Even all of that relies on believing that a lot of things that could change, won’t change. Prediction and forecasting aren’t so chaotic that nobody should ever attempt them, but they certainly are sensitive enough to “all things being equal” that it’s important to bear in mind what all the things are and whether they have indeed remained equal.

And so it’s a terrible mistake to assume that this sprint’s velocity should be the same as, or (worse) greater than, the last one. You’re taking a descriptive statistic that should be handled with lots of caveats and using it as a goal. You end up doing the wrong thing.

Let’s say you decide you want 100 bushels of software over the next two weeks, because you shovelled 95 bushels of software last week. The easiest way to achieve that is to take things that you think add up to 100 bushels of software, and do less work so that they contain only, say, 78 bushels, and try to get those 78 bushels done in the time.

Which bits do you cut off? The buttons that the customer presses? No, they’ll notice that. The actions that happen when the customer presses the buttons? They’ll probably notice that, too. How about all the refinement and improvement that will make it possible to add another 100 bushels next time round? Nobody needs that to shovel this 100 bushels in!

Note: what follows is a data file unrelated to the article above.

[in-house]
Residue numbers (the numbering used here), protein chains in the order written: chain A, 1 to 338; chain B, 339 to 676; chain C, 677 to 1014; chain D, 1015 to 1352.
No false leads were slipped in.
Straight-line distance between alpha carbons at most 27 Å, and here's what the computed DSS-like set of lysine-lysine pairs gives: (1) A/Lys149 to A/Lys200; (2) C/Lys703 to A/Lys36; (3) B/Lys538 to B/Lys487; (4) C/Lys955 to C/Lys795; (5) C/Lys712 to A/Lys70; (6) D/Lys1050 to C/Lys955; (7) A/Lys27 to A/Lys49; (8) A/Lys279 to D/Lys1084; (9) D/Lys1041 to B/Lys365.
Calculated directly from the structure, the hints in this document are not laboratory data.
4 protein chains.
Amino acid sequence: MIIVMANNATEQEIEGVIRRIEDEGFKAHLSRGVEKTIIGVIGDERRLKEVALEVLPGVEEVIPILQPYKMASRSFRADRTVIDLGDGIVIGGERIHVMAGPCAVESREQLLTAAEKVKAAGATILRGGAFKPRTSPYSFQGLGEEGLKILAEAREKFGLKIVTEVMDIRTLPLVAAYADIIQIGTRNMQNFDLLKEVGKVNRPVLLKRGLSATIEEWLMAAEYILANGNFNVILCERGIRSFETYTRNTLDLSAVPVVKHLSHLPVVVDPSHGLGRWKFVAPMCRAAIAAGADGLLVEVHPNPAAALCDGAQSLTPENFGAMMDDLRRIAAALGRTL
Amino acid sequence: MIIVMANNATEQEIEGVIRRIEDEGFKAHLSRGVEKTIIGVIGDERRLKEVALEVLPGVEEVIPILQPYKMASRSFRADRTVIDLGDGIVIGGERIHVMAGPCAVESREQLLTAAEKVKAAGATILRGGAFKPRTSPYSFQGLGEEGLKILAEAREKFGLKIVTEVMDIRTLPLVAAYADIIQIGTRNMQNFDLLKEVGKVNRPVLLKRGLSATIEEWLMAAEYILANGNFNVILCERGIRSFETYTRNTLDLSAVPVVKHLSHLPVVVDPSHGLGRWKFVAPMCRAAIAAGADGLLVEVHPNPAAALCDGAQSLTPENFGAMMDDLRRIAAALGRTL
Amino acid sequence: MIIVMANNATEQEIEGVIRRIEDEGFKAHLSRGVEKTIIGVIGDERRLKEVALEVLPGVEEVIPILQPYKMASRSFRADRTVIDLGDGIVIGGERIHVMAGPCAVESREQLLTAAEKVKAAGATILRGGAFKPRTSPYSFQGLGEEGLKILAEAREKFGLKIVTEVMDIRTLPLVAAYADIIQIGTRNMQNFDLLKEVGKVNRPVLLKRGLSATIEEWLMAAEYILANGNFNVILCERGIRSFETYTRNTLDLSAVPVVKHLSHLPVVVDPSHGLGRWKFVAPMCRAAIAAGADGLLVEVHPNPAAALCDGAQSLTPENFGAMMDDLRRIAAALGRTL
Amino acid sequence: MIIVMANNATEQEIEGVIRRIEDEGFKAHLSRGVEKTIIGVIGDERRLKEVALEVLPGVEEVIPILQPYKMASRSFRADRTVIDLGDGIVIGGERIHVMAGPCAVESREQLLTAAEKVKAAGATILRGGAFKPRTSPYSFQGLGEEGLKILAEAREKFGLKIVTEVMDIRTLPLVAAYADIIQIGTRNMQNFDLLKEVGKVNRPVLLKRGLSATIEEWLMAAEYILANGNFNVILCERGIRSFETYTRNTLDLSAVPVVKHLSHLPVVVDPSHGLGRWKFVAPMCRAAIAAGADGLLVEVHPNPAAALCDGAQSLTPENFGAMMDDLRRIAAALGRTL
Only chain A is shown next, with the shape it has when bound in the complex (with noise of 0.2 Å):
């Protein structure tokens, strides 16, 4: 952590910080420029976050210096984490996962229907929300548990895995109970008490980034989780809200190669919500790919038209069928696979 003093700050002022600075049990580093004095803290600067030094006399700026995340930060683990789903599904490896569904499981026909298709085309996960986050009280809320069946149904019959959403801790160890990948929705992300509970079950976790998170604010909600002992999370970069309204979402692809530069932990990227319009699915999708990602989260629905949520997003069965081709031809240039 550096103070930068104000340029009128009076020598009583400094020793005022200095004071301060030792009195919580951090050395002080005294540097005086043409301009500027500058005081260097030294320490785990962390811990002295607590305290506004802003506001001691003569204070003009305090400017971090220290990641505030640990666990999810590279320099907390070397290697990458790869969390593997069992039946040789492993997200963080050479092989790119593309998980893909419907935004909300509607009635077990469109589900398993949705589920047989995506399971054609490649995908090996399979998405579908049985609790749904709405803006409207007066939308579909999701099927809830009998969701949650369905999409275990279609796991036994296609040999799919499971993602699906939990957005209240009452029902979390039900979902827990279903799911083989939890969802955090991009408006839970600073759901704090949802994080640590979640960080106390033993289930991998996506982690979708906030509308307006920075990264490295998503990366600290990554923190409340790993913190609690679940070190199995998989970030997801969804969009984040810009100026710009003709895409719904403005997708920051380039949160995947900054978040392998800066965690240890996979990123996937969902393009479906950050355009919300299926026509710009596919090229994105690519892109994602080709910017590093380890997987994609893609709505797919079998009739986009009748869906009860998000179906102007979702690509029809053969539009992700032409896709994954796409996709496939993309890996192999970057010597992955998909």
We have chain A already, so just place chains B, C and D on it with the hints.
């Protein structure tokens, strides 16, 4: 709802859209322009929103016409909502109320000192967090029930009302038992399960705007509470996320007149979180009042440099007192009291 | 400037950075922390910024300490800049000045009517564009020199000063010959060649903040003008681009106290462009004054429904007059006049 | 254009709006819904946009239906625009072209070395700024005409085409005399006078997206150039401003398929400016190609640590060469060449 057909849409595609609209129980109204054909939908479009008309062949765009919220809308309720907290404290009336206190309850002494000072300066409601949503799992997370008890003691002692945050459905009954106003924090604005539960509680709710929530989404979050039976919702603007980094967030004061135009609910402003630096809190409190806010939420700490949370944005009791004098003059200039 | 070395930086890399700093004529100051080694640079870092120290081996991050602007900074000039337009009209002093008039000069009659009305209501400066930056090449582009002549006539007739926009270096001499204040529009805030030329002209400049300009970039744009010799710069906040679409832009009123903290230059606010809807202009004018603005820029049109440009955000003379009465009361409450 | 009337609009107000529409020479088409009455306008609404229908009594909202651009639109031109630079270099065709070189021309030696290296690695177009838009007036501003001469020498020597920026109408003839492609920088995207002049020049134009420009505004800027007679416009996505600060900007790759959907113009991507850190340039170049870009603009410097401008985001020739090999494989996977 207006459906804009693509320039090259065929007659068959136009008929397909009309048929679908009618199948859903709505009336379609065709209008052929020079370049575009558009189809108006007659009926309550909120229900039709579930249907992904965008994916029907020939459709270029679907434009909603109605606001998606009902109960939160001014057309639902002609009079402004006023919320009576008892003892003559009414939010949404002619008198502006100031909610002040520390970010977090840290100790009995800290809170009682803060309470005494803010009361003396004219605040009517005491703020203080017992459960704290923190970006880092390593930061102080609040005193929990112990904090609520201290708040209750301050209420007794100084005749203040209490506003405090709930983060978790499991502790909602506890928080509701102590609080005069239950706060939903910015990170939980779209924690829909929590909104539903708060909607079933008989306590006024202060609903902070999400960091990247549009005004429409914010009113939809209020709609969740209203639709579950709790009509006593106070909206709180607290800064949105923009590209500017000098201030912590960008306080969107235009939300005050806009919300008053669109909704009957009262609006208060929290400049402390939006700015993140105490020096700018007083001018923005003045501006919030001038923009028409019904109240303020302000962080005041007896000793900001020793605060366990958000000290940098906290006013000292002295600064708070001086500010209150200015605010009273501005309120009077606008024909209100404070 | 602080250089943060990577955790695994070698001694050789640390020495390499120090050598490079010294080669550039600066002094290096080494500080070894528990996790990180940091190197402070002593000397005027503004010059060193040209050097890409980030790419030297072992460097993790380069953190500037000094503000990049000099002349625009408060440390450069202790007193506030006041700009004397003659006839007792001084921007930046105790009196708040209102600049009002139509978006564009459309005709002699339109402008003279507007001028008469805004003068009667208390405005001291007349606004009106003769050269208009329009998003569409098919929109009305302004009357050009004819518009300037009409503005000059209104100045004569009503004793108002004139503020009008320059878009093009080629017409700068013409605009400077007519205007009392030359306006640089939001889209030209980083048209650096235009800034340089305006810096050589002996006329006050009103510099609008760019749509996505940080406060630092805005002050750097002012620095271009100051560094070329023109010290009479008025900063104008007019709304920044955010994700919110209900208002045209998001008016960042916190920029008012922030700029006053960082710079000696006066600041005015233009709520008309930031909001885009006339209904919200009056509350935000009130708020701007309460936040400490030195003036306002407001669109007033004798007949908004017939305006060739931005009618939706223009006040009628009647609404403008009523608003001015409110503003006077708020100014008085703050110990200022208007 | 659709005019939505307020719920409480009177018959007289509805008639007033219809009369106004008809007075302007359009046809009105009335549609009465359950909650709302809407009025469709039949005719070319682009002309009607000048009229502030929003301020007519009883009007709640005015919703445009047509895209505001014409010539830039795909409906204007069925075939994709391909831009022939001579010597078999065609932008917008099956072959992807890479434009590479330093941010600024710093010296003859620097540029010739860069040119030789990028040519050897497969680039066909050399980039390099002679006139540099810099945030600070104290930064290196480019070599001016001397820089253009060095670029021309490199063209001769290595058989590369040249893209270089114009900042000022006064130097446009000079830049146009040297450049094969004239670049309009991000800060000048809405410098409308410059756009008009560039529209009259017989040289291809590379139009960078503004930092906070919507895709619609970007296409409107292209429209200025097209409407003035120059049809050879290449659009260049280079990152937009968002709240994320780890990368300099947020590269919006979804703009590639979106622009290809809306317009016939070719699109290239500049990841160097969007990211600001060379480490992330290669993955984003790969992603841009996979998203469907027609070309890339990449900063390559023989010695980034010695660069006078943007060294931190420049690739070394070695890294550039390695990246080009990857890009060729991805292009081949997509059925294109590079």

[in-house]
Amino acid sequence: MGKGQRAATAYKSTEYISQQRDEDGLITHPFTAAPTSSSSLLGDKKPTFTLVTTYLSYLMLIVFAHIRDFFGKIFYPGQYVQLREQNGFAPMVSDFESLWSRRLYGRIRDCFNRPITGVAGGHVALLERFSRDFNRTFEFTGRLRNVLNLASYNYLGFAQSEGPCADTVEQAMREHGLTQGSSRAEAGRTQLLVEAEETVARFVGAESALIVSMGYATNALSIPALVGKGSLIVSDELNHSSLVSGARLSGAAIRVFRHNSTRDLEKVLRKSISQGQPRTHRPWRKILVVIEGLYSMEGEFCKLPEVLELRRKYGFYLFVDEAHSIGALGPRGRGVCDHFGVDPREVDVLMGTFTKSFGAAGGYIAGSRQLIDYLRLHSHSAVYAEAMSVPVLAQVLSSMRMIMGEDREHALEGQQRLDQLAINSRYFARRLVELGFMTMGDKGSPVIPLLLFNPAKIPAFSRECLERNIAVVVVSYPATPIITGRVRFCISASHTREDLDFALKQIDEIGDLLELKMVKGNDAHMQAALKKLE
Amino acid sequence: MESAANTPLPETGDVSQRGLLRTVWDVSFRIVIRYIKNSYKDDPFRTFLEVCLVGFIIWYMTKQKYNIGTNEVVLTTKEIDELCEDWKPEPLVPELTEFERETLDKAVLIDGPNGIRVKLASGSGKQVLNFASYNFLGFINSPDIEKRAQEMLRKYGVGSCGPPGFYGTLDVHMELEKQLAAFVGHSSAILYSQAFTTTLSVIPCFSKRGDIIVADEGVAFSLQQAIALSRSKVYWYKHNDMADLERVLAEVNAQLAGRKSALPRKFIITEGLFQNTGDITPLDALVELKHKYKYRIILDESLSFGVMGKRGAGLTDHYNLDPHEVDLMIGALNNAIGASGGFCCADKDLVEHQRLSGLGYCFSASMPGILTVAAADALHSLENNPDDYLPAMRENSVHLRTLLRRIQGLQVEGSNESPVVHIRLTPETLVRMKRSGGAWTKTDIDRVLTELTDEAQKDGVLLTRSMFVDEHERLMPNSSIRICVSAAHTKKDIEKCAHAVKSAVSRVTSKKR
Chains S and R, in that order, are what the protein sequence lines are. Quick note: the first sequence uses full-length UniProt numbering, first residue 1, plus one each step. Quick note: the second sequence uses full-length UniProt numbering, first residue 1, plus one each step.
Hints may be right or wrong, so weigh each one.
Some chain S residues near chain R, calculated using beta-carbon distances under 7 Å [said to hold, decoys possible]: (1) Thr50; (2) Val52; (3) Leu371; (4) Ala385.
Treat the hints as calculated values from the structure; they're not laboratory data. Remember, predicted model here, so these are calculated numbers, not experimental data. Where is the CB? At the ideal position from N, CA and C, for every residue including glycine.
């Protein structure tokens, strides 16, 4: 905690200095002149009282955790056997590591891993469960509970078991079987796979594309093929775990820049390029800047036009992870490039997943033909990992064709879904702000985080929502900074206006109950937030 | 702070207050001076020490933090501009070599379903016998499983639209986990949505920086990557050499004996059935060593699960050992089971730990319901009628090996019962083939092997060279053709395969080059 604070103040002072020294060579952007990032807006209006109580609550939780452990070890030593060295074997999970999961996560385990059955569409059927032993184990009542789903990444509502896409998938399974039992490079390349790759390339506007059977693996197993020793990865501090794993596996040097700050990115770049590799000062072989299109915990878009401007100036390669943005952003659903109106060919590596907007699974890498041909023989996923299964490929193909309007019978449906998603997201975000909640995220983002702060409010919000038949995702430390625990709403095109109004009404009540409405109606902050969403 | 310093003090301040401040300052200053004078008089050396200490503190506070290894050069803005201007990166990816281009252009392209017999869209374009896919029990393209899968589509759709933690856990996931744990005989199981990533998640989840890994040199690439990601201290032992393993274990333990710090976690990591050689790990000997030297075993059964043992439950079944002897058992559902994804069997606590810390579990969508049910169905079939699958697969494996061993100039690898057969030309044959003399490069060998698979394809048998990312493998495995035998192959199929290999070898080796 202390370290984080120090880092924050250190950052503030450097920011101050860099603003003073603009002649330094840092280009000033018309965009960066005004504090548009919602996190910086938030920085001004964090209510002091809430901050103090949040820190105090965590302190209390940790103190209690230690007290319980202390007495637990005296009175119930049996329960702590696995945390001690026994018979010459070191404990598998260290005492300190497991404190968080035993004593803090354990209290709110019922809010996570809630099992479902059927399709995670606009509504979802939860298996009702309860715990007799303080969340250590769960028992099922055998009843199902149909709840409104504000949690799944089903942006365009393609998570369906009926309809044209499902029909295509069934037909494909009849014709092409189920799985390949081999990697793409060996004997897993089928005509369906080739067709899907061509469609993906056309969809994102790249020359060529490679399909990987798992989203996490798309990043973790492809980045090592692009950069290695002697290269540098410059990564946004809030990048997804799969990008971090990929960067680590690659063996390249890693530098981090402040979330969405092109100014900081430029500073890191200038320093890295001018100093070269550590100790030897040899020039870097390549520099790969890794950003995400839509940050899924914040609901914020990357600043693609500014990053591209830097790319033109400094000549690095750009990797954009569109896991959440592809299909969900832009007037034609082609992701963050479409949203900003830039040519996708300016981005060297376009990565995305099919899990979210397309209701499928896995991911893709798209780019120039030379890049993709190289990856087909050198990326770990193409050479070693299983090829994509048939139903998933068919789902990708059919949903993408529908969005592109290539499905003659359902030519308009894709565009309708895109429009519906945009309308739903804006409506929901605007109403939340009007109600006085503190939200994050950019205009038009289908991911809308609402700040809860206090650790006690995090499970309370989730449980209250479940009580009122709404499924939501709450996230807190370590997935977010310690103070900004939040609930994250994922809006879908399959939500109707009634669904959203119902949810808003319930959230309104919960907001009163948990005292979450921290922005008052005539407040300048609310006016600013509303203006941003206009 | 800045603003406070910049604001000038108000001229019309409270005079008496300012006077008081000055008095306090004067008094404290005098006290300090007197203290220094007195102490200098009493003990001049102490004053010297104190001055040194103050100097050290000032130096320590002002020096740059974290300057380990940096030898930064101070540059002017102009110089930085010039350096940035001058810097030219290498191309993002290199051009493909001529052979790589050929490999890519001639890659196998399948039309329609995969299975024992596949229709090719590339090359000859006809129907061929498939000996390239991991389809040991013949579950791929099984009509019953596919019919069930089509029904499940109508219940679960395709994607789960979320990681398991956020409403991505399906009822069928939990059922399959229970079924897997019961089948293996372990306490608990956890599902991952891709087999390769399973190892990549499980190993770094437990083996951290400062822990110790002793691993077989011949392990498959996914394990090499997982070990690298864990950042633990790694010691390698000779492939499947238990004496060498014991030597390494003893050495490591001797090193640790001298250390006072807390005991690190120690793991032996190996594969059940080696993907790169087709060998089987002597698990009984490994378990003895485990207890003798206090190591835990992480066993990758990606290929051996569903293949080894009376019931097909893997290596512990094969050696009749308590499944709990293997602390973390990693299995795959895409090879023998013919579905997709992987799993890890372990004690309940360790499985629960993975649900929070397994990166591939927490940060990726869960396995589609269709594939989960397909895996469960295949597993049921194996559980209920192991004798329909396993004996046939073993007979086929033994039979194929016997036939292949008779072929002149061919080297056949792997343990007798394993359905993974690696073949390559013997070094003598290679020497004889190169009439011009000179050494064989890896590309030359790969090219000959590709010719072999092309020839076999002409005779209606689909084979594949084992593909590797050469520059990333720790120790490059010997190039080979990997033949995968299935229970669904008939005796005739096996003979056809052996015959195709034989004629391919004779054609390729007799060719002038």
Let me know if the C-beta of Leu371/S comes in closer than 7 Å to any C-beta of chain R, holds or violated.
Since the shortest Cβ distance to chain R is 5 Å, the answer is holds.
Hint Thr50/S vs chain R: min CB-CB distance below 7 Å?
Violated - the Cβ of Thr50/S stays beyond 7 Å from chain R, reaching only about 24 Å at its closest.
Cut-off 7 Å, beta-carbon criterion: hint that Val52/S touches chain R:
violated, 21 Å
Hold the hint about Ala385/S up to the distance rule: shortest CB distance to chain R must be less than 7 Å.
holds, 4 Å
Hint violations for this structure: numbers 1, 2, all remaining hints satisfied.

But now, next time, shovelling software is harder, and you need to get 110 bushels in to “build on the momentum”. So more corners get cut, and more evenings get worked. And now it’s even harder to get the 120 bushels in that are needed the next time. Actual rate of software is going down, claimed rate of software is going up: soon everything will explode.

Separating “technical” and “non-technical”

Sometimes also “engineering” and “the business”. Particularly in a software company, this is weird, because “the business” is software engineering, but it’s a problem in other lines of business enabled by software too.